by Tom Huizenga via npr.com
Pulitzer Prize-winning composer, pianist and educator George Walker has died at the age of 96. Walker’s death was announced to NPR by one of his family members, Karen Schaefer, who said he died Thursday at Mountainside Hospital in Montclair, N.J. after a fall.
Walker’s music was firmly rooted in the modern classical tradition, but also drew from African-American spirituals and jazz. His nearly 100 compositions range broadly, from intricately orchestrated symphonic works and concertos to intimate songs and solo piano pieces.
“His music is always characterized by a great sense of dignity, which is how he always comported himself,” says composer Jeffrey Mumford, who, as a music professor at Lorain County Community College in Ohio, uses examples of Walker’s music in his classes. “His style evolved over the years; his earlier works, some written while still a student, embodied an impressive clarity and elegance.”
Walker was a trailblazing man of “firsts,” and not just because of the Pulitzer. In the year 1945 alone, he was the first African-American pianist to play a recital at New York’s Town Hall, the first black instrumentalist to play solo with the Philadelphia Orchestra and the first black graduate of the Curtis Institute of Music in Philadelphia.
The following year, Walker wrote his first string quartet. In 1990, he revised the second movement into a new piece, Lyric for Strings, which has become his most often-performed work.
In 1996, Walker broke new ground again when he became the first African-American composer to win a Pulitzer Prize for music. Lilacs for voice and orchestra, set to a text by Walt Whitman, is a moving meditation on the assassination of President Abraham Lincoln.
George Theophilus Walker was born June 27, 1922 in Washington, D.C. to a father from the West Indies and a mother who started him off with piano lessons at age five. At 14, Walker gave his first public recital at Washington’s Howard University. In 1937, he entered Oberlin College in Ohio on a scholarship and graduated at age 18. He then enrolled at the prestigious Curtis Institute of Music in Philadelphia, where he studied piano with Rudolf Serkin and composition with Samuel Barber, graduating in 1945. In the late 1950s, he traveled to Paris to study for two years with the famous pedagogue Nadia Boulanger. (Her other students ranged from Aaron Copland to Quincy Jones.)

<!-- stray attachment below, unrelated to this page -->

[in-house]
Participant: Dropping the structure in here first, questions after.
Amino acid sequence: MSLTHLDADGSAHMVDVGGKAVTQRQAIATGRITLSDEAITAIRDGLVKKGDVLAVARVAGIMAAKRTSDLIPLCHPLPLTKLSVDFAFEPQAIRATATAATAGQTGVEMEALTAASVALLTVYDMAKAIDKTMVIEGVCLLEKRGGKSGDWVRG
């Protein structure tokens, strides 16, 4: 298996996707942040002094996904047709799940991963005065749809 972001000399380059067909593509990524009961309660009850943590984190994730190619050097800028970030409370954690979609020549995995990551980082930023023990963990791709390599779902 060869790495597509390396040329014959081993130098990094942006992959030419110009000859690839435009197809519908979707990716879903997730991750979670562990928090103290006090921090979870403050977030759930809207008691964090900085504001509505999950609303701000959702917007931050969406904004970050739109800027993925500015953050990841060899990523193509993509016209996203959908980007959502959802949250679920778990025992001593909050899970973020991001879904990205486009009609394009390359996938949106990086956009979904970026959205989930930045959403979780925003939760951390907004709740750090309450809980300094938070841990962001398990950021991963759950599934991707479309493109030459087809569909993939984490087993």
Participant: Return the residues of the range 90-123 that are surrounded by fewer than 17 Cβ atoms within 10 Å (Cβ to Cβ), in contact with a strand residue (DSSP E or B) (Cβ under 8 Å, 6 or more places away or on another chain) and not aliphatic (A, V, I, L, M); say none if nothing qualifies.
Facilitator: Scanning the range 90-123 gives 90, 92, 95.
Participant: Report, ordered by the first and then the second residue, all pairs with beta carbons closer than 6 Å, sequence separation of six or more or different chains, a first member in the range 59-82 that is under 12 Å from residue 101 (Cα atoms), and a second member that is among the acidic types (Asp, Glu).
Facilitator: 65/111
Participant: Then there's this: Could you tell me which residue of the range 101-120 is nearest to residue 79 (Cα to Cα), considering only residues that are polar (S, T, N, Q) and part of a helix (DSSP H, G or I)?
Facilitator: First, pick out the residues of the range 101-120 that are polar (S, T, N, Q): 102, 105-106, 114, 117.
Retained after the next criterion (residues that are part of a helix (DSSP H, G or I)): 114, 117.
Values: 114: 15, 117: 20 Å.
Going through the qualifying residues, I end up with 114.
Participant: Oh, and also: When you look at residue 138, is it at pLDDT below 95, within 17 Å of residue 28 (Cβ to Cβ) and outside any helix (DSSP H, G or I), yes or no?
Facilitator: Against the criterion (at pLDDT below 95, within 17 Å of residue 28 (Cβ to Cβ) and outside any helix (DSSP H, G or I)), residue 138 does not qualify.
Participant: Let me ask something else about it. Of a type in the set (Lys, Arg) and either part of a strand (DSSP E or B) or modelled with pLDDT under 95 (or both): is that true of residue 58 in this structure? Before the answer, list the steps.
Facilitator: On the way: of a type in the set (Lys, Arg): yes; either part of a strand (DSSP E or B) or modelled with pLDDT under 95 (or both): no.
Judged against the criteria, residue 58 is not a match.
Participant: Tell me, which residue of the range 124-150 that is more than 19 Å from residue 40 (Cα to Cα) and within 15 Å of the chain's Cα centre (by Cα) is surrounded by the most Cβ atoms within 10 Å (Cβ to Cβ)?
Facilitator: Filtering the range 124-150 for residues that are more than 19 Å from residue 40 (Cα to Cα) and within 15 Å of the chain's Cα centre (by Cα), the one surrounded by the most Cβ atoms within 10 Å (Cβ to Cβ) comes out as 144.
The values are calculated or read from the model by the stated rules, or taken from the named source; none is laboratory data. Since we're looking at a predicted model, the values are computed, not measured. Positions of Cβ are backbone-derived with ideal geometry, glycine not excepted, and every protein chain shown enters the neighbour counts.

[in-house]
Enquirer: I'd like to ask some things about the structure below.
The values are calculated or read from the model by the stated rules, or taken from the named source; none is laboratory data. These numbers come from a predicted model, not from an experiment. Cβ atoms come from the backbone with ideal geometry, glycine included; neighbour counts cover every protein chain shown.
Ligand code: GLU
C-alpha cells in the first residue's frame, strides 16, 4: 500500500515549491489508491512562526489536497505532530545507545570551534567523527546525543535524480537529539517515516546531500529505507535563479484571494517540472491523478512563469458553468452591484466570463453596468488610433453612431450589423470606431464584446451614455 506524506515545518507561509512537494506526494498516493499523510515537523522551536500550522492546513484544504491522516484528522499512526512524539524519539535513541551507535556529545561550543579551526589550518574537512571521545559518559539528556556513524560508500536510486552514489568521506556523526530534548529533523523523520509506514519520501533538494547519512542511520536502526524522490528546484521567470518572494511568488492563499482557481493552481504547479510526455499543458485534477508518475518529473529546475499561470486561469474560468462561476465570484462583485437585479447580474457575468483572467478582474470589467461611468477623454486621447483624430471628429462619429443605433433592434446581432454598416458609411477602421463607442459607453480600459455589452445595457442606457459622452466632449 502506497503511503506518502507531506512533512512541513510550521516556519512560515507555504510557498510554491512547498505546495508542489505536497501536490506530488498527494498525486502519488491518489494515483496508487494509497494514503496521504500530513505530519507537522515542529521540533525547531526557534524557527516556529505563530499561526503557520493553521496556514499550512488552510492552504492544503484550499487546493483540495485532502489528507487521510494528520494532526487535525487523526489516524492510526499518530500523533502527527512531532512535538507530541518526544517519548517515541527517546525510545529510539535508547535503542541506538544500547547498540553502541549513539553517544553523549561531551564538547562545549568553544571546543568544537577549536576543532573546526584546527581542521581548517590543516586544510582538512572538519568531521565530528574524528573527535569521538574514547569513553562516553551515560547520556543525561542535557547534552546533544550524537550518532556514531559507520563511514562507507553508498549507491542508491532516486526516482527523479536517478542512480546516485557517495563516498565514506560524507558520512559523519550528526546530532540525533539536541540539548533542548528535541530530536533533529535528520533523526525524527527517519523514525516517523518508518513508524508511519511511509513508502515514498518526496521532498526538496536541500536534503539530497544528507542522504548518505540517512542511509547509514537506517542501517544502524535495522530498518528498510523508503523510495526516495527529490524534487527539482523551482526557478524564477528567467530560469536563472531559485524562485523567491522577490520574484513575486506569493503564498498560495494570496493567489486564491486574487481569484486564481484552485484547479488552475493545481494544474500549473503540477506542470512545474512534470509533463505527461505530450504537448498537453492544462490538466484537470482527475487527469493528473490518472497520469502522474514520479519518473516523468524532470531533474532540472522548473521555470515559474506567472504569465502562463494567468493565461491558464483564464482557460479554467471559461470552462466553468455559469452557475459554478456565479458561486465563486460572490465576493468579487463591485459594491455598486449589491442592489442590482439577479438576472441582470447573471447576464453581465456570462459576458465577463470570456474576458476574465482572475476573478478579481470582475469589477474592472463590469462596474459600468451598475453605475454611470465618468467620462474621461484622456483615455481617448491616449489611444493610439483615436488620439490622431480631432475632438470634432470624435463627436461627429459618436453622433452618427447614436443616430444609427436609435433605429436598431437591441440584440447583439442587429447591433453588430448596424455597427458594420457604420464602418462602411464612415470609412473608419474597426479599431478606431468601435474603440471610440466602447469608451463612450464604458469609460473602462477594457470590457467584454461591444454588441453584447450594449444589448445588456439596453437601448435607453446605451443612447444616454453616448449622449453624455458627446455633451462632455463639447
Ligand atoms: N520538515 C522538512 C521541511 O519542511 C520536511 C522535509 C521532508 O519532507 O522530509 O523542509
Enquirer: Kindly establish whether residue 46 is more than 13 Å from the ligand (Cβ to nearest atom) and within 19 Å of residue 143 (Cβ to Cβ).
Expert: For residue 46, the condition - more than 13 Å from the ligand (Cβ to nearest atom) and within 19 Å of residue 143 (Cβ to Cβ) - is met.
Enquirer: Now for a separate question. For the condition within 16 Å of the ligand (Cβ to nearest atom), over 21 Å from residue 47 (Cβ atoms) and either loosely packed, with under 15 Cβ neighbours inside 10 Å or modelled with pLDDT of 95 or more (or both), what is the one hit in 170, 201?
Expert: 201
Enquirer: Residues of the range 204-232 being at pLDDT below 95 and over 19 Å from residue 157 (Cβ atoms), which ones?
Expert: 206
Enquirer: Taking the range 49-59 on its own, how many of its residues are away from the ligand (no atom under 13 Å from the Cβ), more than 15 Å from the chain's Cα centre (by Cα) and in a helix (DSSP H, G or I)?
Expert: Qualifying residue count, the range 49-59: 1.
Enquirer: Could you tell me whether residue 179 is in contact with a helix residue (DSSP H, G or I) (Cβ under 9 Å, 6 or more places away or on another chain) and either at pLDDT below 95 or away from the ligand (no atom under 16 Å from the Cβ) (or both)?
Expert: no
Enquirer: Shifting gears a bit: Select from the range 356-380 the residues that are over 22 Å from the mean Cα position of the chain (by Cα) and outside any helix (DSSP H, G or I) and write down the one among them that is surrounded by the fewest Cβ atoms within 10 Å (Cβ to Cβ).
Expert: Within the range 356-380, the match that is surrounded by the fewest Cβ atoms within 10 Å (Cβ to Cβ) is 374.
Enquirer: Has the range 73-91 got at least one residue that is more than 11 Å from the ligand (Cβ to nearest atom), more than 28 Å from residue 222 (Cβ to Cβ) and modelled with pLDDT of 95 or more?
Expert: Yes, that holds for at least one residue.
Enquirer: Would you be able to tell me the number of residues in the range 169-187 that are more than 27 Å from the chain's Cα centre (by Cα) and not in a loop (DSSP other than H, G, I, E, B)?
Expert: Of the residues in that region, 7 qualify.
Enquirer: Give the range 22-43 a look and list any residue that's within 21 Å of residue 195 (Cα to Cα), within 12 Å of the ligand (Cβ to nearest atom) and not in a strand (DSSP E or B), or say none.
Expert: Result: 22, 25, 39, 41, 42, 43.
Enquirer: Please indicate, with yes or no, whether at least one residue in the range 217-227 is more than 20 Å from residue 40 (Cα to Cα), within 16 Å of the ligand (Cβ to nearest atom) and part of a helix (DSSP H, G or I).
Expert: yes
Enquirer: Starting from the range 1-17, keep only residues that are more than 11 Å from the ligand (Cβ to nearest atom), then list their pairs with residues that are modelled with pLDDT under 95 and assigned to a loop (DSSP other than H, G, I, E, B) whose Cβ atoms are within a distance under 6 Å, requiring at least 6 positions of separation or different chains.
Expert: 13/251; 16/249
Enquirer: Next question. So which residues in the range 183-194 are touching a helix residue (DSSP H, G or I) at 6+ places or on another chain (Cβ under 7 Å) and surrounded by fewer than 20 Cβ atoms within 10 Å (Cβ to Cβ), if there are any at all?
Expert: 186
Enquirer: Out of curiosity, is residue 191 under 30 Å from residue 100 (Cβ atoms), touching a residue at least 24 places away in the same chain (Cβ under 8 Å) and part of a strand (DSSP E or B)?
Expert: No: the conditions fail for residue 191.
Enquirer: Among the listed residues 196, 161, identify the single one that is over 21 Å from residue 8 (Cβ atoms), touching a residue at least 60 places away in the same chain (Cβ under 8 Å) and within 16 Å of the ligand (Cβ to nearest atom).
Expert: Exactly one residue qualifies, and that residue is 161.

Mumford likes to recall a story about Walker’s Paris years with Boulanger. “She was so impressed with his musicianship that she waived the regular requirements she made of students,” Mumford says. “He could bring anything he wanted to show her at lessons.”
Walker’s reputation as a composer of works for orchestras like the New York Philharmonic, the Cleveland Orchestra and the Boston Symphony slowly grew, but Mumford says Walker’s fame was hard-won.
“We have a great deal of work to do regarding orchestra programming of composers of color,” Mumford says. “Walker deserved many more performances than he has received thus far. Sad to say that even the work that earned him the Pulitzer has not graced the concert hall nearly enough.”
Walker is often identified as an “African-American” composer instead of simply an American composer. In a 1987 interview with broadcaster Bruce Duffie, Walker said there are two sides to that label.
“I’ve benefited from being a black composer in the sense that when there are symposiums given of music by black composers, I would get performances by orchestras that otherwise would not have done the works,” Walker said. “The other aspect, of course, is that if I were not black, I would have had a far wider dispersion of my music and more performances.”
Mark Clague, who wrote the entry on George Walker for the International Dictionary of Black Composers, points to elements of race and politics in Walker’s compositions.
“He constructs his music so that the unknowing listener should not be able to distinguish it from that of his ‘canonized’ white contemporaries,” Clague writes, citing influences from Stravinsky, Debussy and the serialist school of composers. “He frequently draws on black musical idioms, such as spirituals, blues patterns and jazz tropes. Walker’s music, however, is not a collage of modern styles, or a pastiche, but has its own distinct voice.”
In 2009, Walker told NPR’s All Things Considered that as a composer, right from the start, he knew he had to become an individual. “I had to find my own way,” he said. “A way of doing something that was different, something that I would be satisfied with.”
Walker is survived by two sons: Ian Walker, a playwright, and Gregory T.S. Walker, a violinist and former concertmaster of the Boulder Philharmonic Orchestra in Colorado, who said that his father was still active, working on commissions at the time of his death.